- Sep 16, 2008
Virginia's GOP governor shut down a hotline that parents could use to report 'critical race theory' complaints because not enough people were sending tips
Virginia GOP Gov. Glenn Youngkin shut down a hotline designed to field complaints about "critical race theory" because not enough people were sending in tips.
"The help education email was deactivated in September, as it had received little to no volume during that time," Youngkin spokeswoman Macaulay Porter said in a statement.
The tip line was initially set up to flag instances of schools teaching critical race theory — a college-level academic framework looking at how racism has shaped public policy — which became a target for conservative politicians as school board and local elections heated up.
Critical race theory is rarely, if ever, taught in pre-college US education, but the academic concept became a flashpoint of the Virginia gubernatorial election that Youngkin won, Insider's Gwen Aviles previously reported.
After he was elected, Youngkin announced the hotline, saying in January that the goal was to have parents report "any instances where they feel that their fundamental rights are being violated" or if schools are participating in "inherently divisive practices."
But, according to USA Today, few parents were sending in tips about CRT. In fact, they were using the hotline to write to the office about special education violations, to express concerns about academics, and to praise teachers.
USA Today obtained a sample of 350 emails that were all dated in the first few months of 2022.
According to USA Today's analysis of the emails, CRT rarely came up in the samples of emails they reviewed.
Ten people sent emails complaining about mask mandates. Others expressed concerns about academic rigor, COVID-19 policies, and equity.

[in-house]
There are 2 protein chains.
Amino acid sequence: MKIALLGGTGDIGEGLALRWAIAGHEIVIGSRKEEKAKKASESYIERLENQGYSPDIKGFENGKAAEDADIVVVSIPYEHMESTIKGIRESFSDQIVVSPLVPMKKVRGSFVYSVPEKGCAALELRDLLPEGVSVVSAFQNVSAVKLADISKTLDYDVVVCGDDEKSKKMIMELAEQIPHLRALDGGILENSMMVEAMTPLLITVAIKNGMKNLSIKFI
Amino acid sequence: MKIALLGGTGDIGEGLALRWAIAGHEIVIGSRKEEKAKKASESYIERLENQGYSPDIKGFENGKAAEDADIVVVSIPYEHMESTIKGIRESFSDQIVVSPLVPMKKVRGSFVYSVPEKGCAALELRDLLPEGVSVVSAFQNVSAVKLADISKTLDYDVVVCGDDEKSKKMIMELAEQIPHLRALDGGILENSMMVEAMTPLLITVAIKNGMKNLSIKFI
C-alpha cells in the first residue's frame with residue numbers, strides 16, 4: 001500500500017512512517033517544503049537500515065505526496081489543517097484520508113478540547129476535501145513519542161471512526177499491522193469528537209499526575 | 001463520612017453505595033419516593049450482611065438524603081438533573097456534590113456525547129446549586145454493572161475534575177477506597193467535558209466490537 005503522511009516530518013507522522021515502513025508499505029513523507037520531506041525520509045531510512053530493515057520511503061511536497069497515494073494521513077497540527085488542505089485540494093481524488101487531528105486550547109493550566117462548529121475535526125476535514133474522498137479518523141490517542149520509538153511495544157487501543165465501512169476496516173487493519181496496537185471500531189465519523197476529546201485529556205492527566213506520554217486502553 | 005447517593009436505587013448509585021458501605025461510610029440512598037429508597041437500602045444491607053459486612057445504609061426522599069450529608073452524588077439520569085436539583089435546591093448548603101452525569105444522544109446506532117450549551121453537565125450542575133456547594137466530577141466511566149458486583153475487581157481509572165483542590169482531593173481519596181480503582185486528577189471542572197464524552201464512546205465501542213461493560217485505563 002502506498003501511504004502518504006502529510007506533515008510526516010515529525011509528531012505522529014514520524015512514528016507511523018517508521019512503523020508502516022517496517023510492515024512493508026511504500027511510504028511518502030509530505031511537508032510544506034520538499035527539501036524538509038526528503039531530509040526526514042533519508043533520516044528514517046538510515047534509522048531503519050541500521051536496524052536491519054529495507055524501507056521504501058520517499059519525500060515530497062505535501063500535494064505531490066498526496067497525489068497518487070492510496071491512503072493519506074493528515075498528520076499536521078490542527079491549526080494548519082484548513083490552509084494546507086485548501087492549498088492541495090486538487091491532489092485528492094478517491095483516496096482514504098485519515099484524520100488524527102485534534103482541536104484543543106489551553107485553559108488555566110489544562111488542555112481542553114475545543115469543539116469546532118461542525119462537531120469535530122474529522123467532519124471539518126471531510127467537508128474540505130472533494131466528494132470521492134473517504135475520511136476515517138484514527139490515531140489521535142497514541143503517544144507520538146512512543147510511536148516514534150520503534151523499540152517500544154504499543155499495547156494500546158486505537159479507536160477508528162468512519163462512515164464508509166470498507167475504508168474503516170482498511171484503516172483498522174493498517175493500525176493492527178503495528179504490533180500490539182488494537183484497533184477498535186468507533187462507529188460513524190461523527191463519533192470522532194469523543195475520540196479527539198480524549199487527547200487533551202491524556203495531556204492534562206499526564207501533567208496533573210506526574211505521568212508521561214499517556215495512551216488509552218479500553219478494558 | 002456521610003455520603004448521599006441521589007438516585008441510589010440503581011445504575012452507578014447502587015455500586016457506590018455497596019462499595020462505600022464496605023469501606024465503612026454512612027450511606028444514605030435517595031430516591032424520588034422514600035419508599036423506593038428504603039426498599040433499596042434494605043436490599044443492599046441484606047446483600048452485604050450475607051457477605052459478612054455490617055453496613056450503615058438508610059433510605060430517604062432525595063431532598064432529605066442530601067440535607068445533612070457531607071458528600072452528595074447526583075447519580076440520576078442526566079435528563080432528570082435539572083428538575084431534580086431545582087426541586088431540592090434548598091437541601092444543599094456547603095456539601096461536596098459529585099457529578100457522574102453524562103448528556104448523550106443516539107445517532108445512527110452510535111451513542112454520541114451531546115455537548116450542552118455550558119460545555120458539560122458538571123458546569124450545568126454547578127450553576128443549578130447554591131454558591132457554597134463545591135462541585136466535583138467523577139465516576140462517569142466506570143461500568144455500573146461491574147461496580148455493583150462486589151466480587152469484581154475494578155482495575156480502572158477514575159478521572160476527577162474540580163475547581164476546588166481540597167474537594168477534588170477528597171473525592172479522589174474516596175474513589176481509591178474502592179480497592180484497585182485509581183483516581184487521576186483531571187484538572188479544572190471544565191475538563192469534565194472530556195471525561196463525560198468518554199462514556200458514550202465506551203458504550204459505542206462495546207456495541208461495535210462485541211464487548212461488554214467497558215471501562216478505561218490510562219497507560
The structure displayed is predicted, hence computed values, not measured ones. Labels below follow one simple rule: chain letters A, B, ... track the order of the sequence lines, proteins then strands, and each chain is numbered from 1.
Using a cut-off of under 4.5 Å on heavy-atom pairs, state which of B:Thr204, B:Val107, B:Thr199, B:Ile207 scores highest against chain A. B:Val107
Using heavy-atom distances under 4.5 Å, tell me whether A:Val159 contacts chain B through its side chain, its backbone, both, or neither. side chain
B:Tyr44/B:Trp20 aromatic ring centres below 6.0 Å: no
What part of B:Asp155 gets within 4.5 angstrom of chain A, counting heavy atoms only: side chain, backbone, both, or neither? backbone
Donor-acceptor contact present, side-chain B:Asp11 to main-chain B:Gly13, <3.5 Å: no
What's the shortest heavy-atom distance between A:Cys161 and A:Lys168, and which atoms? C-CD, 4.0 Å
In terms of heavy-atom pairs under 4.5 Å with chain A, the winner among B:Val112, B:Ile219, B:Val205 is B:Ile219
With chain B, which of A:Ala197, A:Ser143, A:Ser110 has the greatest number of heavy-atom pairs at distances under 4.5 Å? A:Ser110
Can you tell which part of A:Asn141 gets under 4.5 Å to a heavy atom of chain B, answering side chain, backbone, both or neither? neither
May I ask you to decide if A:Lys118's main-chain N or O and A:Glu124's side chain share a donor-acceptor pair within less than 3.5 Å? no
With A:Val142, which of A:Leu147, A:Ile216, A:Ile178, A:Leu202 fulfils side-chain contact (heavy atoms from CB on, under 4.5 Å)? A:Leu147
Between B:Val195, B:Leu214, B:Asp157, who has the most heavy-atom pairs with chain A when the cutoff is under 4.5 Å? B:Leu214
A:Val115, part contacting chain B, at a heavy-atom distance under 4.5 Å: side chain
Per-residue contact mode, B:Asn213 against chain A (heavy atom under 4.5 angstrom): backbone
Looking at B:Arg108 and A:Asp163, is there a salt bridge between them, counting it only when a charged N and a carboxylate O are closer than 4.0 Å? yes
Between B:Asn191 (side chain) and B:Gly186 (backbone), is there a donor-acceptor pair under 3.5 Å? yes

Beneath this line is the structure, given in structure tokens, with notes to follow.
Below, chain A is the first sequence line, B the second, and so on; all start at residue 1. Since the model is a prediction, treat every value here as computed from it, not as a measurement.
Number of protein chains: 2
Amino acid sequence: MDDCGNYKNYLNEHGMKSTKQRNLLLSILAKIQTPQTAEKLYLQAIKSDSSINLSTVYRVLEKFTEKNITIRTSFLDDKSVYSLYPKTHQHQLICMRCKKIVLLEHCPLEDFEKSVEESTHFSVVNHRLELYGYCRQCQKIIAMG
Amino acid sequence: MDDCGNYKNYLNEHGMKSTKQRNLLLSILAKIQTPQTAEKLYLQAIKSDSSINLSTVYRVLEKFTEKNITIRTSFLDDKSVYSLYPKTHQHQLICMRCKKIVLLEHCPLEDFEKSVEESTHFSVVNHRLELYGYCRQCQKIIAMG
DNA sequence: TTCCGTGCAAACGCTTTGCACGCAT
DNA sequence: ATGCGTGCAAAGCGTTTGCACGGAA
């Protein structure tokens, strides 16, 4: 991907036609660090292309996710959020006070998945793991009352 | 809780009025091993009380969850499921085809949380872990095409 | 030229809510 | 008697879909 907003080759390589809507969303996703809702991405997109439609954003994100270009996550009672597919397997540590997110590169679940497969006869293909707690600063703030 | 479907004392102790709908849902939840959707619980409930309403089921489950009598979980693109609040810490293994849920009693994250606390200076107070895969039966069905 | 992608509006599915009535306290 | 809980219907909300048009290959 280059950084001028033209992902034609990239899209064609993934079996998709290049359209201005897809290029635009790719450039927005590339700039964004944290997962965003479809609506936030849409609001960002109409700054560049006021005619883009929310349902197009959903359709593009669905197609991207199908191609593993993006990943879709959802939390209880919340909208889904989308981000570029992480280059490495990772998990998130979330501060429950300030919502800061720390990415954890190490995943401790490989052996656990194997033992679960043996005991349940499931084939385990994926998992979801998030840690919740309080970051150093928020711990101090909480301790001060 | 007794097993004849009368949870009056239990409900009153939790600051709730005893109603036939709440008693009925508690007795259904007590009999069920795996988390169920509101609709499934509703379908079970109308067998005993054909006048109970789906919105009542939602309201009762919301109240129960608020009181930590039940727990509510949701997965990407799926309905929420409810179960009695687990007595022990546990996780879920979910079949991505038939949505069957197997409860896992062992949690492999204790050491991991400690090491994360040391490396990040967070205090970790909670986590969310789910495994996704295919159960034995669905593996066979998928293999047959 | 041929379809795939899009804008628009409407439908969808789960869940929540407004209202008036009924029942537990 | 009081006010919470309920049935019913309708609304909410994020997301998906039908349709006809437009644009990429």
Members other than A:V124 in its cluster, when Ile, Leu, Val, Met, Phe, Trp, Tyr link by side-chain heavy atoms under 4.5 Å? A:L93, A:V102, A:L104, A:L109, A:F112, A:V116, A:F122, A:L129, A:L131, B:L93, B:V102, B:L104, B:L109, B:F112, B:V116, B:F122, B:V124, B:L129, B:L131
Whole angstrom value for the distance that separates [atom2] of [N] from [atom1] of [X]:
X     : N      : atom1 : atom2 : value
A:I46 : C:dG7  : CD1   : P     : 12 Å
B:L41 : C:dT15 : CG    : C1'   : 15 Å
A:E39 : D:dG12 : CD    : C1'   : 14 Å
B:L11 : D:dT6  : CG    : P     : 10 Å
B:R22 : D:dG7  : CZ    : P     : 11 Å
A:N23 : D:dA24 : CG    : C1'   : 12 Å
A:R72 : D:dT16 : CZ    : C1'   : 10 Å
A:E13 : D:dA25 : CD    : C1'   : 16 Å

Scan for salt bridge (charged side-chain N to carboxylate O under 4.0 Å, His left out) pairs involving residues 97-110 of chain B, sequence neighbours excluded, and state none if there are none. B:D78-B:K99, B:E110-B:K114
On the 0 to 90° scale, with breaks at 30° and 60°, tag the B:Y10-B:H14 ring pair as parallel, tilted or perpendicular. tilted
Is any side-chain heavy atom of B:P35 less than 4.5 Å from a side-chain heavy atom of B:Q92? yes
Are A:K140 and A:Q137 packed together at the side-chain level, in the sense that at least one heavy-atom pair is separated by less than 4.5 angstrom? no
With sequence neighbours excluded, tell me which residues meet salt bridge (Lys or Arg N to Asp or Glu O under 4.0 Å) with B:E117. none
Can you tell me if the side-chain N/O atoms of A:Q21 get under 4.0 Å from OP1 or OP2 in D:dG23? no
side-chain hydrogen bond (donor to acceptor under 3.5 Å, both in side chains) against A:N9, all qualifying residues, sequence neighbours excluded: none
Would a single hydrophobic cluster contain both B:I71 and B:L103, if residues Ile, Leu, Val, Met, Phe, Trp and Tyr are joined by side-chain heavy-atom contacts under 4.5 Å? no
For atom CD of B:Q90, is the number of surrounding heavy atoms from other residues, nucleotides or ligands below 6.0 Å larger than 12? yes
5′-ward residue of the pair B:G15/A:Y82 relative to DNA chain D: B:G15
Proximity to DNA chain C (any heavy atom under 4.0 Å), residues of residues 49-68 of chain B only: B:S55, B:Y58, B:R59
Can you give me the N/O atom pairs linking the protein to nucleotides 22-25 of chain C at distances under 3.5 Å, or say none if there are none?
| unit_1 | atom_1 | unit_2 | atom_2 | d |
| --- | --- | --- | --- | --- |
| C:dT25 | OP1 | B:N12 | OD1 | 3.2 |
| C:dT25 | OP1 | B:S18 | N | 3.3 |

Emails from parents about teachers performing "divisive practices" were uncommon.
One parent sent roughly 160 emails to the tip line, USA Today reported, shedding light on the fact that multiple parents' requests for special education services had been allegedly denied.
"My primary purpose was to raise the issue of how the governor failed us," Kandise Lucas told USA Today. "He won an election on how parents matter; parents voted for him because he validated their voice. And we learn now, 10 months into his tenure, that we don't really matter."
"CRT is not the threat," Lucas wrote in some of her emails to both Youngkin's tip line and to the education department.
One former teacher used the new hotline to write glowing reviews about the teachers she had worked with during her career.
"I have written a tip a day for the past 34 days about 36 outstanding teachers in Virginia," Sheila Jones wrote in March, USA Today reported. "I have received no response from your office (not even an auto-reply from your tip line)."
One student reached out to the tip line, though, USA Today reported, complaining that their teacher had based a curriculum on the book "Beowulf" around critical race theory because "it portrays the warriors as men and not women."
Even though the hotline has been shuttered, constituents can still reach the governor's office through other methods to share concerns, Porter told Insider.
So I guess the centerpiece to Youngkin's entire campaign for governor was all a lie afterall.